Spurn Point



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A truly awesome place, Spurn Point – also called Spurn Head – is the impossibly narrow sand-spit sticking out of the East Riding of Yorkshire. It reaches into the North Sea to form the north bank of the Humber estuary, curling round for more than 3 miles. Anchored by little more than marram grass and steeped in history, it’s a National Nature Reserve with a string of impressive accolades. Best of all, a vast number of migrating birds, blown down from Scandinavia or on their way north from Africa, know it as a great stop-off place for a breather. To get to the nature reserve at the tip you’ll need to walk or cycle – but be careful, the sea washes over the beach here and access is not always possible. There’s a visitor centre, and hides are set along the spit for birders to watch from; leave your dog at home – they’re not even allowed here in your car.

Spurn Point
Kilnsea, EASINGTON, HU12 0UH


About the area

Discover North Yorkshire

North Yorkshire, with its two National Parks and two designated Areas of Outstanding Natural Beauty, is England’s largest county and one of the most rural. This is prime walking country, from the heather-clad heights of the North York Moors to the limestone country that is so typical of the Yorkshire Dales – a place of contrasts and discoveries, of history and legend.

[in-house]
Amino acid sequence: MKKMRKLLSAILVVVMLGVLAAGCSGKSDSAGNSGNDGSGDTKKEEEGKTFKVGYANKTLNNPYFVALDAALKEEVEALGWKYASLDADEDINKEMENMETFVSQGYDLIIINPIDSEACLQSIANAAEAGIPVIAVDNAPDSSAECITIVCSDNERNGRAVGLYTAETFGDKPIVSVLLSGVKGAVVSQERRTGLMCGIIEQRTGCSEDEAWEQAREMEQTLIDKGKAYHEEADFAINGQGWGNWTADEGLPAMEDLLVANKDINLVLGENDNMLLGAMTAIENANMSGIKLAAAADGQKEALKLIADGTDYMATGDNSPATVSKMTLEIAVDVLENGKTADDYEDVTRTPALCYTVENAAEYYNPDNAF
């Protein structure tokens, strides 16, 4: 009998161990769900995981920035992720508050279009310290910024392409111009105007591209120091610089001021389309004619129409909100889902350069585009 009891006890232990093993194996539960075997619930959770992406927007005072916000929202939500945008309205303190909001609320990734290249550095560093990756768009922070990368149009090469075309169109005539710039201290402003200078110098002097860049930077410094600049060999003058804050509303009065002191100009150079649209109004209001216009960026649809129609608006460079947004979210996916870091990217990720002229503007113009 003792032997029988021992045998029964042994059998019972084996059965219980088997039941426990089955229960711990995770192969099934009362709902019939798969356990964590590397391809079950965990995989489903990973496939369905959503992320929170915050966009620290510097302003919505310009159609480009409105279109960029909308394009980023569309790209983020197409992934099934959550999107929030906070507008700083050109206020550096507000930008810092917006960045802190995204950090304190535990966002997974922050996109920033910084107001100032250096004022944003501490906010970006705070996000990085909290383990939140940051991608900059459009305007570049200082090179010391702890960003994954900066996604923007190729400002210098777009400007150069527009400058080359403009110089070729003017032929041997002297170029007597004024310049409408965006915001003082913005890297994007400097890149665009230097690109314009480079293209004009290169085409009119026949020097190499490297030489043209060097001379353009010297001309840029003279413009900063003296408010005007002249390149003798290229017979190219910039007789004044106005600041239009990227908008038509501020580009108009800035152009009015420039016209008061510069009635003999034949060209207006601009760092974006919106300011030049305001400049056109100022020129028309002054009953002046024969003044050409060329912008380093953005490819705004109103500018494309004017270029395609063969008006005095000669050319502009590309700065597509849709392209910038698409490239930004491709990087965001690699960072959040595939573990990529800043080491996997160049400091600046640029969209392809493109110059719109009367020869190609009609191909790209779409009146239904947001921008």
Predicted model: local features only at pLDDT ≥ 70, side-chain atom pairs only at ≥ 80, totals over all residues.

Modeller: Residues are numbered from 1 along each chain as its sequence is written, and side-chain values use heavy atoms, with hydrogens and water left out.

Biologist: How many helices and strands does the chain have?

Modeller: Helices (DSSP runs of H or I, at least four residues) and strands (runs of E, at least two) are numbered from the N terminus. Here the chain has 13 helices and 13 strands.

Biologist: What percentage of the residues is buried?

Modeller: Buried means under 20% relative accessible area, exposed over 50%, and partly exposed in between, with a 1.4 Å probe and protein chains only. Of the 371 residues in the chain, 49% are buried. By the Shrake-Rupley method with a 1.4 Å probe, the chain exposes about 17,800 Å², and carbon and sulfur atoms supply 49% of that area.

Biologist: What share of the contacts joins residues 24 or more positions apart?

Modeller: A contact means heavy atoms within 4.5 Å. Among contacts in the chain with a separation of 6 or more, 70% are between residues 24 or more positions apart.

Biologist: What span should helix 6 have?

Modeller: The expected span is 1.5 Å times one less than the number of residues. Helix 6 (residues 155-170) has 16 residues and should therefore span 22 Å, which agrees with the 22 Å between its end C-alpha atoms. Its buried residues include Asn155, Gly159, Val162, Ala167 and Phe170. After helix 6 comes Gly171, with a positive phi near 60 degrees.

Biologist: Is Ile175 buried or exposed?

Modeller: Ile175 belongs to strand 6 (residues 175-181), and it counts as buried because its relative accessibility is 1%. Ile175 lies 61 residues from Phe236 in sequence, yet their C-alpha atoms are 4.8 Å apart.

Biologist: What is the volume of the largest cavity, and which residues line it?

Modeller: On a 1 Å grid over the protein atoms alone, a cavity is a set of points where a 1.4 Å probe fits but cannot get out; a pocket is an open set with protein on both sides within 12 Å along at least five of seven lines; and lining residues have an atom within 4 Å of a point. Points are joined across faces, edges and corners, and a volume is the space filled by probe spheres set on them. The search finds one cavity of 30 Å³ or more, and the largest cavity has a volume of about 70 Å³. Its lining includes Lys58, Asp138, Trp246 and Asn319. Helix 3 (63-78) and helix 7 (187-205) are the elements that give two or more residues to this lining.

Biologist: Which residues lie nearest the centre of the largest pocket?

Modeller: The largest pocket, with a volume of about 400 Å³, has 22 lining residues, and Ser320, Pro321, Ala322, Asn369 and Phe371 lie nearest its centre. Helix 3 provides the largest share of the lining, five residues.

The coastline offers its own treasures, from the fishing villages of Staithes and Robin Hood Bay to Scarborough, one time Regency spa and Victorian bathing resort. In the 1890s, the quaint but bustling town of Whitby provided inspiration for Bram Stoker, who set much of his novel, Dracula, in the town. Wizarding enthusiasts head to the village of Goathland, which is the setting for the Hogwarts Express stop at Hogsmeade station in the Harry Potter films.

York is a city of immense historical significance. It was capital of the British province under the Romans in AD 71, a Viking settlement in the 10th century, and in the Middle Ages its prosperity depended on the wool trade. Its city walls date from the 14th century and are among the finest in Europe. However, the gothic Minster, built between 1220 and 1470, is York’s crowning glory.


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